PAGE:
Impaired Metabolic Flexibility to High-Fat Overfeeding Predicts Future Weight Gain
36 Pages Posted: 19 Jun 2019 Publication Status: Review CompleteMore...
The ability to switch fuels for oxidation in response to changes in macronutrient composition of diet (metabolic flexibility) may be informative of the individual susceptibility to weight gain. Seventy-nine healthy, weight-stable subjects underwent 24-h assessments of energy expenditure and respiratory quotient (RQ) in a whole-room calorimeter during energy balance (EBL; 50% carbohydrate, 30% fat) and then during 24-h fasting and three 200% overfeeding diets in a crossover design. Metabolic flexibility was defined as the change in 24-h RQ from EBL during fasting and standard (SOF: 50% carbohydrate, 30% fat), high-fat (FNP: 60% fat, 20% carbohydrate), and high-carbohydrate (CNP: 75% carbohydrate, 5% fat) overfeeding diets. Free-living weight change was assessed after 6 and 12 months. Compared to EBL, RQ decreased on average by 9% during fasting and by 4% during FNP, while increasing by 4% during SOF and by 8% during CNP. Smaller decrease in RQ, reflecting smaller increase in lipid oxidation rate, during FNP but not during other diets, predicted greater weight gain at both 6 and 12 months. An impaired metabolic flexibility to acute, high-fat overfeeding identify individuals prone to gain weight, indicating that the individual capacity to oxidize dietary fat is a metabolic predictor of weight change.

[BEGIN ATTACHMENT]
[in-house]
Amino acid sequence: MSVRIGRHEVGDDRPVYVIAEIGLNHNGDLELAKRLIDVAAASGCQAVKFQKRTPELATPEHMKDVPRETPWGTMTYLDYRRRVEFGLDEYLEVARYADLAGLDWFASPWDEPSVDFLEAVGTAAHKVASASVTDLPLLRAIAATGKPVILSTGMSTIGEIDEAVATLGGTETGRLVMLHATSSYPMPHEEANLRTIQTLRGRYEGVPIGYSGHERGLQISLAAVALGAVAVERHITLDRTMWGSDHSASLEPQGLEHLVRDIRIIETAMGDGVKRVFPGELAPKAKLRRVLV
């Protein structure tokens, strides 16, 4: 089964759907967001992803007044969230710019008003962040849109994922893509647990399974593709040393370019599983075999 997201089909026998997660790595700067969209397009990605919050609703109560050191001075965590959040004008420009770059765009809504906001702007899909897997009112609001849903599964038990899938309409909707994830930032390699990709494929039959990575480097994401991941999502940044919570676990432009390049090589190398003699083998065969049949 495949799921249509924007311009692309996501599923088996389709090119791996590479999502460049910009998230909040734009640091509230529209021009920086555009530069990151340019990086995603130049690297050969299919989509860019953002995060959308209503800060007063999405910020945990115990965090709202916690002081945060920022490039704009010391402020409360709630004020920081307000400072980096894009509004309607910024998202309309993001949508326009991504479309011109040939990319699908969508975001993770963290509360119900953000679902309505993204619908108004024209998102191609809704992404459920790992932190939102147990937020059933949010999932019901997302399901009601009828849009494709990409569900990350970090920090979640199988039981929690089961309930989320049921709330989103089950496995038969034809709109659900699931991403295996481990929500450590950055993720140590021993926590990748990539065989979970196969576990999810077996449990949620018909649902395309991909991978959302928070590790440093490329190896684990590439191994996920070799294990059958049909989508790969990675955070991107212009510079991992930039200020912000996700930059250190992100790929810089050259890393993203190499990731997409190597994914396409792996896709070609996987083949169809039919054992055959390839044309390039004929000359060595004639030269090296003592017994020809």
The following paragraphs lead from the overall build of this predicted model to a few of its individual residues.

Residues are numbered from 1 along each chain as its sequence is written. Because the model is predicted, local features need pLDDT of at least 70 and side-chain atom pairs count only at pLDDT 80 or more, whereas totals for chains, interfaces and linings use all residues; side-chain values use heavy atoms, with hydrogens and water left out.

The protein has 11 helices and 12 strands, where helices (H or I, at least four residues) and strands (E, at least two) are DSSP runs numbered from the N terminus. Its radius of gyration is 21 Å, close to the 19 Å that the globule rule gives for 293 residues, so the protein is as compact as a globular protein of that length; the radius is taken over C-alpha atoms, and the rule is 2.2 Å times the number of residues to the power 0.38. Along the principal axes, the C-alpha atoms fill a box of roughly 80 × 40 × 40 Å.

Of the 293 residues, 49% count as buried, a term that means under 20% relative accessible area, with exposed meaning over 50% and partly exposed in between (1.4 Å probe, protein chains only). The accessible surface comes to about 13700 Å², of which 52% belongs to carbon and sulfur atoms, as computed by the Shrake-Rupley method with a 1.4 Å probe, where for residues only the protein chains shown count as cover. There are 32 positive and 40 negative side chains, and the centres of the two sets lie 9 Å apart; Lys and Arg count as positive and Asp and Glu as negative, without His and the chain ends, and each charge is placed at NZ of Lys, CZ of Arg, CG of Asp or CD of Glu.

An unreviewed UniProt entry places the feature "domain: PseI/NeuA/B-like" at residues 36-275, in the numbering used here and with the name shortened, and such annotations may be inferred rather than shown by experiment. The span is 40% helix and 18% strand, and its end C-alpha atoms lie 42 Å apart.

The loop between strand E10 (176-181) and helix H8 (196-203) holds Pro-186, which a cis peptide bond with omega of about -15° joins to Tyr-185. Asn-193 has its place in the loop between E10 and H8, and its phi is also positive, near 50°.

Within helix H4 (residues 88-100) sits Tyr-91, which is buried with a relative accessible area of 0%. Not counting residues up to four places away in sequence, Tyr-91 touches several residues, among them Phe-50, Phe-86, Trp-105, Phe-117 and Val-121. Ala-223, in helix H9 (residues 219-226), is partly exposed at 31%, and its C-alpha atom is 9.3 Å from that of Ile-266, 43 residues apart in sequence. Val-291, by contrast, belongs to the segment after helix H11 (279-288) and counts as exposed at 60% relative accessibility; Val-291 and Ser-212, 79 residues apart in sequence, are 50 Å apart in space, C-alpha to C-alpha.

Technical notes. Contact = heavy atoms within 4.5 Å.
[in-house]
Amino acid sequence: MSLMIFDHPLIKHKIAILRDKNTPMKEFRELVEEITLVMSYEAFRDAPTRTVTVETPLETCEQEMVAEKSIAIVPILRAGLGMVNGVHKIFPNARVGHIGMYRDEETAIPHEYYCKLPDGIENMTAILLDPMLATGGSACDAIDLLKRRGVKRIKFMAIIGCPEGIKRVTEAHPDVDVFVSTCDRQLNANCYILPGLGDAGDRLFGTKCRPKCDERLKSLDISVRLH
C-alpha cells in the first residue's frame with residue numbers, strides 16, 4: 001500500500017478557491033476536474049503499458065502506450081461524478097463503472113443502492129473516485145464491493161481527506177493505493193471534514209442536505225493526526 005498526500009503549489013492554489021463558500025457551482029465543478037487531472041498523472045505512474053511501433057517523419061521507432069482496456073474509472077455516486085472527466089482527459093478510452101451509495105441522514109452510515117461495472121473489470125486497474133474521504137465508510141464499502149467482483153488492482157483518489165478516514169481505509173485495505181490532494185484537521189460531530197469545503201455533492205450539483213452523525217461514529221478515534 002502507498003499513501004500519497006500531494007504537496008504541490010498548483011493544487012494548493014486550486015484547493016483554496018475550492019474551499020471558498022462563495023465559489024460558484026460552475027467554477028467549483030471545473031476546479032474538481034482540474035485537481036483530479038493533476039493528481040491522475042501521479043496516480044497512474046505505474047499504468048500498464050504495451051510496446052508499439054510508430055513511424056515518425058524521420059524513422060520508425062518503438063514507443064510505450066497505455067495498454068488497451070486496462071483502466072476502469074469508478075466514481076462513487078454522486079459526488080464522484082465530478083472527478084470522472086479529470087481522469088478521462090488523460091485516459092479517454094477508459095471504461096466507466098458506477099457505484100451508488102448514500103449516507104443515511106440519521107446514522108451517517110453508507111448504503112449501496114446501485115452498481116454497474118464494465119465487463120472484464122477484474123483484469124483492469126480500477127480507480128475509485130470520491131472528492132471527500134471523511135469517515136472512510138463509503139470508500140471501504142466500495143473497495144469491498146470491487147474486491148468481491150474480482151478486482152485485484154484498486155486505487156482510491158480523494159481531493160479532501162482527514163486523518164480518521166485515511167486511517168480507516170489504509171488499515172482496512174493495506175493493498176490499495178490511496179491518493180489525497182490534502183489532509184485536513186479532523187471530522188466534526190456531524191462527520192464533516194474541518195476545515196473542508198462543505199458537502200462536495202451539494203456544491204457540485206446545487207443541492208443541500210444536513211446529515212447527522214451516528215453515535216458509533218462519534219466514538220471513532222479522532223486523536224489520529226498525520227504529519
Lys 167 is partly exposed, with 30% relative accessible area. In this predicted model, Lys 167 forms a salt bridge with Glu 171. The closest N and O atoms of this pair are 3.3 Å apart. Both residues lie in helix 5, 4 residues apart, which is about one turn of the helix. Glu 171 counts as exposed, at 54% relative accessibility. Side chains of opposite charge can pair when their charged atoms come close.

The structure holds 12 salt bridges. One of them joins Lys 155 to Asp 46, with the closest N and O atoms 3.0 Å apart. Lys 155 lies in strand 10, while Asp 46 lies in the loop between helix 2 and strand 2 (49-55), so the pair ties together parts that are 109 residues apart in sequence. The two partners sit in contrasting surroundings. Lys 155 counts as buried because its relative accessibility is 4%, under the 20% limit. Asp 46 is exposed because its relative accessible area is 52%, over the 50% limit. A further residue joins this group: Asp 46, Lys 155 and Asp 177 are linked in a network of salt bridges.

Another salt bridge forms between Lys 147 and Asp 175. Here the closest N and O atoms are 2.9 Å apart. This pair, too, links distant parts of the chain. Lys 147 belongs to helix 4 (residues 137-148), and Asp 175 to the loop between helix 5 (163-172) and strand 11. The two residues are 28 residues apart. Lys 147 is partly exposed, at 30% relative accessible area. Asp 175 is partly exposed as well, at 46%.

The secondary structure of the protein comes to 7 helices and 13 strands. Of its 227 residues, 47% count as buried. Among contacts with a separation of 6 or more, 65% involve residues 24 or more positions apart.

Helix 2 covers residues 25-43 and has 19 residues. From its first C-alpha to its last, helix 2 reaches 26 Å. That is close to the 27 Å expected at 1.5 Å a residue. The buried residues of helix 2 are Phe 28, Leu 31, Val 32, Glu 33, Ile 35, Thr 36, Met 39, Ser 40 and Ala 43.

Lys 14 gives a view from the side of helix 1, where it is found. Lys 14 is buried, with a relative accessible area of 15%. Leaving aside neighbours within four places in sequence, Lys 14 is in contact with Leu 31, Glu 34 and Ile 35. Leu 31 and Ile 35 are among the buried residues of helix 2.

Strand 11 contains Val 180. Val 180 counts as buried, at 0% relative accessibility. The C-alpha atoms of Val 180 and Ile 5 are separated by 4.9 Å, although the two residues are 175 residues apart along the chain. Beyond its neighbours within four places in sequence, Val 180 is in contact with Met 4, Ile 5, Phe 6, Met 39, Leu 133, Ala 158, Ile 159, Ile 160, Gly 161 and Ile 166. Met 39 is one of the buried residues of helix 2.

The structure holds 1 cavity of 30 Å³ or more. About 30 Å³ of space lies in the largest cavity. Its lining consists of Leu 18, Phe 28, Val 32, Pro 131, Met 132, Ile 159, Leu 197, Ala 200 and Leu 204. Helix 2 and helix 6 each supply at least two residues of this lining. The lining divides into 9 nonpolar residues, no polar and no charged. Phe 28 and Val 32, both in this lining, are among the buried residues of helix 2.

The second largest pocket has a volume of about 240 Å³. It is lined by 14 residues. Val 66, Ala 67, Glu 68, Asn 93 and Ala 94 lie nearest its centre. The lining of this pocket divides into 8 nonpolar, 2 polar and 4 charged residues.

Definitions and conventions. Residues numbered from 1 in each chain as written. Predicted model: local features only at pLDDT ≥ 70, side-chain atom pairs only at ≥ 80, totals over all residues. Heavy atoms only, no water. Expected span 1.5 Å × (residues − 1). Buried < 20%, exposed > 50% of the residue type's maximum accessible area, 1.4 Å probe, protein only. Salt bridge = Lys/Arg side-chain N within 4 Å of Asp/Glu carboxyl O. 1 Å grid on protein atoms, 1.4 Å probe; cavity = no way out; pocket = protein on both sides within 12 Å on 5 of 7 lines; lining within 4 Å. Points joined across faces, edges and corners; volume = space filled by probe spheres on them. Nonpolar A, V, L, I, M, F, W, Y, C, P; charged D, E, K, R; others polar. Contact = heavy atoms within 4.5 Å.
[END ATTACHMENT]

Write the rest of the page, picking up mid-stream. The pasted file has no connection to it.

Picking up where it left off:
Keywords: respiratory quotient, energy expenditure, diet, dietary fat, fasting, fat oxidation, metabolic flexibility, metabolic phenotype, lipid oxidation, overfeeding, Obesity, substrate oxidation, weight change, weight gain
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